Well all it took was a little courage and the acceptance that getting it wrong wasn’t the end of the world and finally I have joined that list of special folk who bake their own bread. And yes… I feel very smug.
So in the tradition of One and a half cooks… I’m going to share that secret with you. Don’t be scared, making bread is easy.
So you’ll need
· 500g white bread flour , plus extra for dusting
· 7g sachet fast-action dried yeast
· 1tsp salt
· up to 350ml lukewarm water and a little sunflower oil , for greasing .
Ok firstly you make the dough by tipping the flour, yeast and salt into a large bowl and making a well in the middle so that you can add the water.
Pour in about half of the water and use your fingers to mix the flour and remaining water together until combined to a slightly wet, pillowy, workable dough. Ok this is messy work so don’t panic at having a sticky mess, you can always add a bit more flour or more water if you need to, you just need the courage to get your hands in and get gooey.
Tip the dough onto a lightly floured surface and knead for at least 10 mins until smooth and elastic, kneading is basically using the heel of your hand to push and stretch the dough away from you and then roll it back and do it again and again. You’ll be able to see and feel the change this makes to the dough, it will go from sticky to smooth and stretchy and no longer sticky.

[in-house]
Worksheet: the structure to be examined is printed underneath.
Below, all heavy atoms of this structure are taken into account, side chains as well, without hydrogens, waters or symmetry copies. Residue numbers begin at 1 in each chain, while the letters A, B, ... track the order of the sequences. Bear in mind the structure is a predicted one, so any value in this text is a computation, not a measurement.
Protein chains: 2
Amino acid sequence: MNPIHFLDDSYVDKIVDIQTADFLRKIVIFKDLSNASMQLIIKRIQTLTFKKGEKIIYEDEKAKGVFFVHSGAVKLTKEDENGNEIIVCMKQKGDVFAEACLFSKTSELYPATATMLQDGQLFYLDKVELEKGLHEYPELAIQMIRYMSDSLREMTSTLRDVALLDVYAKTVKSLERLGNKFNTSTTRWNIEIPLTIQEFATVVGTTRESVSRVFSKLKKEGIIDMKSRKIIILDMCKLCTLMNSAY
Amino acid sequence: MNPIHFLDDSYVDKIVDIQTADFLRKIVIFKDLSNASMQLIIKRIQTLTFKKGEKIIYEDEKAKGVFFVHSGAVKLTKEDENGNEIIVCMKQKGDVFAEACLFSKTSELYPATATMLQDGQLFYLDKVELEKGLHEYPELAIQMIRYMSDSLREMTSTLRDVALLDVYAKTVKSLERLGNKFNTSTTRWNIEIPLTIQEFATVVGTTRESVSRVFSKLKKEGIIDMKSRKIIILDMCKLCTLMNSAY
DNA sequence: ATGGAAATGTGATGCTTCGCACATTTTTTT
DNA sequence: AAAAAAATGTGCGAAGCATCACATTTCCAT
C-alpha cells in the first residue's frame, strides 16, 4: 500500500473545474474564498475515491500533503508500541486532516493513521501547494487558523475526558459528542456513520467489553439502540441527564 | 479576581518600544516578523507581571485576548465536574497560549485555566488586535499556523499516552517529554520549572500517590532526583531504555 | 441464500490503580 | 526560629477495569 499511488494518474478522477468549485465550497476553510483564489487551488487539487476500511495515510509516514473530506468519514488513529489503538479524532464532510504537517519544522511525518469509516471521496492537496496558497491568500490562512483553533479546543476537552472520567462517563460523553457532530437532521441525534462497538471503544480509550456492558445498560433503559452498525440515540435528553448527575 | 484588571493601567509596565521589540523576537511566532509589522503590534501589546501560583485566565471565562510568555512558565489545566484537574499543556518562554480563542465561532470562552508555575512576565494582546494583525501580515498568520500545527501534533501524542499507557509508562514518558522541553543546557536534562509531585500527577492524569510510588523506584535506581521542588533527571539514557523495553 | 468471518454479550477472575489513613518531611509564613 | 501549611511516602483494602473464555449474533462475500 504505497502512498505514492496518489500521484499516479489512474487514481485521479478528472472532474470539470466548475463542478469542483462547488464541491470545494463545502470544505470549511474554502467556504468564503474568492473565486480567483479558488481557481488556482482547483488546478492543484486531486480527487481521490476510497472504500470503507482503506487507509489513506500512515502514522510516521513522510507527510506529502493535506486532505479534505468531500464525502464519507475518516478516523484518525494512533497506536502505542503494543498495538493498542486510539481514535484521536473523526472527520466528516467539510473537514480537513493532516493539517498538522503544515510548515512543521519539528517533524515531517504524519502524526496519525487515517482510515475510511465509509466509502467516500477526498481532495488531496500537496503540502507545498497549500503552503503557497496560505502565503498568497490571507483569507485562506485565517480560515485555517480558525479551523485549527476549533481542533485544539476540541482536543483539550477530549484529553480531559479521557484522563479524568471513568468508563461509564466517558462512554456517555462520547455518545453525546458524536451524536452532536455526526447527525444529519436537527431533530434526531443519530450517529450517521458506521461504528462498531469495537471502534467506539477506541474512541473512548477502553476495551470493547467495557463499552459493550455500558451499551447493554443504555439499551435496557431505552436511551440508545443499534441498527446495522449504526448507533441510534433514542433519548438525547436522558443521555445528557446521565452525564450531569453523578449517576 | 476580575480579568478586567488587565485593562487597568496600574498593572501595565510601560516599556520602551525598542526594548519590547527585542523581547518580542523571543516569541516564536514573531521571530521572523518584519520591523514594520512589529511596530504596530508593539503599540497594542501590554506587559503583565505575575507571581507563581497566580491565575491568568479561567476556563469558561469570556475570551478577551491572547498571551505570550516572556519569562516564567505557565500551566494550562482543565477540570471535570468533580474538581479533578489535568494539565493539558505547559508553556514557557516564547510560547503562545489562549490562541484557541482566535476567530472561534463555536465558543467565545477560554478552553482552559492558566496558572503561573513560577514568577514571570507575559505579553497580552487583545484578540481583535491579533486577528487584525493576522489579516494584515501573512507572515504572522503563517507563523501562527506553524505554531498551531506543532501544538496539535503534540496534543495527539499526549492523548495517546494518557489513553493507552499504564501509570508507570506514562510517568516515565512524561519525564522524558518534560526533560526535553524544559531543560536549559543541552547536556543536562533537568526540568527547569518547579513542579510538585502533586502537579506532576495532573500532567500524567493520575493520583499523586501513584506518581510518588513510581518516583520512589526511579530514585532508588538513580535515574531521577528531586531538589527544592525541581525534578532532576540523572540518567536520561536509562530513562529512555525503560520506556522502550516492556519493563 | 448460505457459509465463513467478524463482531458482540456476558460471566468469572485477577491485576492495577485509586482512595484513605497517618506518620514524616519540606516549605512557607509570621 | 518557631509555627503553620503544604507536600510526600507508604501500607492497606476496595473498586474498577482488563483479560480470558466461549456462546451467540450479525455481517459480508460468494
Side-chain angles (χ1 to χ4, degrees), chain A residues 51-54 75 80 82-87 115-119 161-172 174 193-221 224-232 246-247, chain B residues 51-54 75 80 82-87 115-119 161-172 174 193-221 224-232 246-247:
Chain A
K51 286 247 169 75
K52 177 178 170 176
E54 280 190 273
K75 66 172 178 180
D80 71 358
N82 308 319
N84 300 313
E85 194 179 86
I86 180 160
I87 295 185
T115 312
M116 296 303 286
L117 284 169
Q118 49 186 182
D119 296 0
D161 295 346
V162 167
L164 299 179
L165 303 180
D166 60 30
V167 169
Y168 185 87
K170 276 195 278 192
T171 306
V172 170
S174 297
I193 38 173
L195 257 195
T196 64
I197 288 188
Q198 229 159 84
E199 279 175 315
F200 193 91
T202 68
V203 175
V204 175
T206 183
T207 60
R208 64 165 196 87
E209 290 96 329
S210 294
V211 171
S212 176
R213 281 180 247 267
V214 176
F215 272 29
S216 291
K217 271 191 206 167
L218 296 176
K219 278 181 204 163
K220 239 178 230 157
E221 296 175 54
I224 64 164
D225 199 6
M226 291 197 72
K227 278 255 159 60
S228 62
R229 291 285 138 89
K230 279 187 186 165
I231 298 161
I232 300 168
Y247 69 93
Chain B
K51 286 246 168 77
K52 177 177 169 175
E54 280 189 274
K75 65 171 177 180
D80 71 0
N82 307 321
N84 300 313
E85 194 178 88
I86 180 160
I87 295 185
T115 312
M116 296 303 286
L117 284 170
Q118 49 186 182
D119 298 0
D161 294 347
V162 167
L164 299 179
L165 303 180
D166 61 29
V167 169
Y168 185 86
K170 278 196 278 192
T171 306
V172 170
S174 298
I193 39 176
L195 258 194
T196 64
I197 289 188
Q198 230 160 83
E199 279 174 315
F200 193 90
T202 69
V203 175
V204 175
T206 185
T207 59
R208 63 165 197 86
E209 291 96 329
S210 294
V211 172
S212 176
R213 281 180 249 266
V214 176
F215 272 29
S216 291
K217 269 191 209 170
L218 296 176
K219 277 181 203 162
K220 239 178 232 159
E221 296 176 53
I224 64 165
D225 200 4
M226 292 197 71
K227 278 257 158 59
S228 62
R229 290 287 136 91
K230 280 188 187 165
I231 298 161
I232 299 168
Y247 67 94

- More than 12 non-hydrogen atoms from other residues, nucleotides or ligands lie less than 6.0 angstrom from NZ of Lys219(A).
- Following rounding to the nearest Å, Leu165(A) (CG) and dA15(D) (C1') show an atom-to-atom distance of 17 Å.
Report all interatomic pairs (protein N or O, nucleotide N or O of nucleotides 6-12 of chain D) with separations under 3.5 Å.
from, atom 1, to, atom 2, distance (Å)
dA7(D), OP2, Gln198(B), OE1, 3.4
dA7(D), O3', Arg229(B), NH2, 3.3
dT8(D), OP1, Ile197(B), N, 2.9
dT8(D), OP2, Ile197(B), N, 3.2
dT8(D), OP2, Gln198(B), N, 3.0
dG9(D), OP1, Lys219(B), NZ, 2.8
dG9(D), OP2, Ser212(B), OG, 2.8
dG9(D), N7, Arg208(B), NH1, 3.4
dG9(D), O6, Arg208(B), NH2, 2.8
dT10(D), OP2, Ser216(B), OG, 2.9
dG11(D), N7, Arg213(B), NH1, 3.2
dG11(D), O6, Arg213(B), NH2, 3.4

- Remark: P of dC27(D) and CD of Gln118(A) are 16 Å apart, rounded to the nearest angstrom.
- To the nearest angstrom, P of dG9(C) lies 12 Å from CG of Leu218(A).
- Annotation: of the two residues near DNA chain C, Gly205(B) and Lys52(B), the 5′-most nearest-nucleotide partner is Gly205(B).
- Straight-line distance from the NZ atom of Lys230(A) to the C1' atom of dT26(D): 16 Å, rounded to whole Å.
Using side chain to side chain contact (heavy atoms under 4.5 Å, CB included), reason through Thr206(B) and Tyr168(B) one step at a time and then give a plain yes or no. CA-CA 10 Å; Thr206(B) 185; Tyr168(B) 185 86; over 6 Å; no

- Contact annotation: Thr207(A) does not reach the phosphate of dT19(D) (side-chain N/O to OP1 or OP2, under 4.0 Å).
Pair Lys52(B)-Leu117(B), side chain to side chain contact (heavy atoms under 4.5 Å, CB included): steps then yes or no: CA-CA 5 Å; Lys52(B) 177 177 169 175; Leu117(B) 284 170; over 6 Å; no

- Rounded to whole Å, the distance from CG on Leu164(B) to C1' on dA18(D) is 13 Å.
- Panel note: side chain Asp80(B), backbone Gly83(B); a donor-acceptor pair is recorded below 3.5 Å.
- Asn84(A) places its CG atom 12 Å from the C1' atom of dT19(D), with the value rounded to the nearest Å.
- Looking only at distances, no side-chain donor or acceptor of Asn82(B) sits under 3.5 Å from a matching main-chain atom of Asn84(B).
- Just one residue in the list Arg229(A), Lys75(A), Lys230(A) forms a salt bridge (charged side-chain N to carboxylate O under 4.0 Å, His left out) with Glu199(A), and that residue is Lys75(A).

Place the dough in a clean, oiled bowl, cover with cling film and leave to rise somewhere warm until it has doubled in size. ( I live in Scotland which is a cold country so I cheat, I put the oven on to the absolute lowest temperature and once it’s heated I switch it off and put the dough in there to rise).
Once the dough has risen to about twice it’s size, get ready to make the bread happen.
Heat the oven to 220C/ fan 200C/ gas mark 7.
Knock back the dough by tipping it back onto a floured surface and pushing the air out. (I know it seems mad after you went to all the effort to put all that air in there but trust me).
Mould the dough into a rugby ball shape or any other shape you want for the bread and then cover with a clean tea towel and leave to prove for a further 30 mins (it should rise again at least a bit).
Dust the top of the loaf with a little more flour and slash the top with a sharp knife if you want.
Bake the bread for 15 mins, then reduce the heat to 190C/ fan 170C/gas 5 and continue to bake for 30 mins until the loaf sounds hollow when removed from the tin and tapped on the base.
Leave the bread on a wire rack to cool completely before enjoying it with real butter or jam.